At first glance it seems that ‘On-set’ crew make up the majority of a film crew on both Hollywood and UK films (48.3% and 44.5% of film crew, respectively).

Hollywood and UK crew credits 2

Note: Throughout this article I’m using the phrase ‘Hollywood films’ to refer to the top 100 US-grossing films of each year.  One or two may be indie films and some studio films released each year will have bombed and therefore not make this list.  However, the shorthand of referring to them as ‘Hollywood’ films, as opposed to ‘UK films’, makes it easier to read so I hope you’ll excuse the generalisation.

As we often find when studying the film business, the industry-wide average gives a misleadingly simple answer.  Therefore, I have split the films up by three criteria (year, budget and genre) to take a closer look.

The post is starting to mount up

steenbeck-editing-tableArguably, the sector which has seen the biggest technological changes over the past few decades is Post-Production.  The processes involved in taking a film from the shoot to the final product has moved from being extremely physical (exposing film, cutting, splitting, etc) to almost entirely digital (digital footage, computer visual effects, digital deliverables, etc).  There’s no doubt that digital technology has also affected the cameras used on set, but the rest of the technology has changed little (such as lenses and grip kit) and the workflow of how a film set runs is very similar.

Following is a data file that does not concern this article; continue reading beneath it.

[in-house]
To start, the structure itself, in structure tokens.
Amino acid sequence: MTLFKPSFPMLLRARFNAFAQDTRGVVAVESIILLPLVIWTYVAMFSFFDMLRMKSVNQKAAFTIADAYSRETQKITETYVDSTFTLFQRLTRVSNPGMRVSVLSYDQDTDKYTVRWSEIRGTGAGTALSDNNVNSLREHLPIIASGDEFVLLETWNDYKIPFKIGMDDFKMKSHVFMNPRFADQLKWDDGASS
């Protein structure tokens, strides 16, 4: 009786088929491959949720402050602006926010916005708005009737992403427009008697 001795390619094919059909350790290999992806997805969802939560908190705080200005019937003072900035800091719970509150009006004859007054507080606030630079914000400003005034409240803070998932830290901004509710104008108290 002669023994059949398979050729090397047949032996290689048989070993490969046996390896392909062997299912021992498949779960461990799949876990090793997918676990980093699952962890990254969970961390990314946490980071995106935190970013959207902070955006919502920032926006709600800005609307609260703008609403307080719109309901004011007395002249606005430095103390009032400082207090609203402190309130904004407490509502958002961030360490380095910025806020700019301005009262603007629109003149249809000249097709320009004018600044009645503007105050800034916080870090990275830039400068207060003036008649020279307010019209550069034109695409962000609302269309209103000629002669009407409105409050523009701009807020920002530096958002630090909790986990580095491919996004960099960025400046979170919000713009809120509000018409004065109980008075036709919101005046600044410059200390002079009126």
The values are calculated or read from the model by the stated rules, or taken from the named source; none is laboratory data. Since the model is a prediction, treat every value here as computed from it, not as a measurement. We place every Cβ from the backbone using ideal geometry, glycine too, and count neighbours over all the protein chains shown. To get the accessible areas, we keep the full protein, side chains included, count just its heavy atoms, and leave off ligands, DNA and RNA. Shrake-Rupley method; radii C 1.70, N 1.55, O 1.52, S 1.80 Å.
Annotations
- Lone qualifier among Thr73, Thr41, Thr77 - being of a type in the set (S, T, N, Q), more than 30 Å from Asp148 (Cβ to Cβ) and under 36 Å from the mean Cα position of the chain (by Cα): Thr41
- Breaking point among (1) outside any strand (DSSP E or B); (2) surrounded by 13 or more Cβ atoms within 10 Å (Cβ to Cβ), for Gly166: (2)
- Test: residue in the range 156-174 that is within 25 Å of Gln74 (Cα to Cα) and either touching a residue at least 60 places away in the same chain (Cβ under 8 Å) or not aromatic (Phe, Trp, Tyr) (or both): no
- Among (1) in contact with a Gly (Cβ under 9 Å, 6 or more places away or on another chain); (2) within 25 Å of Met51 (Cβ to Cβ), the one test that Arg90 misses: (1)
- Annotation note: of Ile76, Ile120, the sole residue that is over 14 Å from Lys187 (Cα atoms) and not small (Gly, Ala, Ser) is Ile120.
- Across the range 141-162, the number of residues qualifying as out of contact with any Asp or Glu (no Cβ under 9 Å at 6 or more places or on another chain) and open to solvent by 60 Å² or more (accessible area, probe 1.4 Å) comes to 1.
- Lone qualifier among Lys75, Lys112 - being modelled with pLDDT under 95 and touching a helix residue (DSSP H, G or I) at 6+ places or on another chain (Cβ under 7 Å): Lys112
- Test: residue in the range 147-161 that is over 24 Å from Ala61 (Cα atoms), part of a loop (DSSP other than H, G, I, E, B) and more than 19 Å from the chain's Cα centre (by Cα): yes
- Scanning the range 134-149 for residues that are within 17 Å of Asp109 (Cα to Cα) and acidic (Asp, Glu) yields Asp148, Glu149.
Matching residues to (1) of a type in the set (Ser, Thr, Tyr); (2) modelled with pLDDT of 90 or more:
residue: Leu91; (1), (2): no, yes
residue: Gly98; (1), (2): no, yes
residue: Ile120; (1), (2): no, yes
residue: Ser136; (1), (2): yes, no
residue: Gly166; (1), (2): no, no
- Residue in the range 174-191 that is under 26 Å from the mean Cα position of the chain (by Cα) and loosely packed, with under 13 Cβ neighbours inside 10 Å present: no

This is reflected in the employment statistics, with post-production taking an ever-larger share of the film crew credits.

Hollywood crew credits by year

The money’s in the post

As budgets increase, so do the relative size of their post-production teams.

Hollywood crew credits by budget

This trend is also found on UK films.

UK crew credits by budget

It’s interesting to note that UK films have a larger share of post-production crew than Hollywood films of a similar scale.  I compared the data for UK films budgeted between £10m and £30m with Hollywood films on the same budget range (i.e. budgeted between $13.9m and $41.6m) and found that 28.8% of the UK film crew were in post-production, compared with just 20.3% of the Hollywood film crew.

Crew credits 10 milllion to 30 million

The UK is often celebrated as boasting many of the best visual effects houses in the world, thanks in part to the UK tax credit rewarding projects financially for doing VFX work in the UK and the Harry Potter films for incubating and supporting so many VFX crew members.

Romance is on-set, Fantasies happen afterwards

As one might expect, the films which relate more to spectacle, such as Sci-fi and Fantasy films, require a larger number of post-production crew.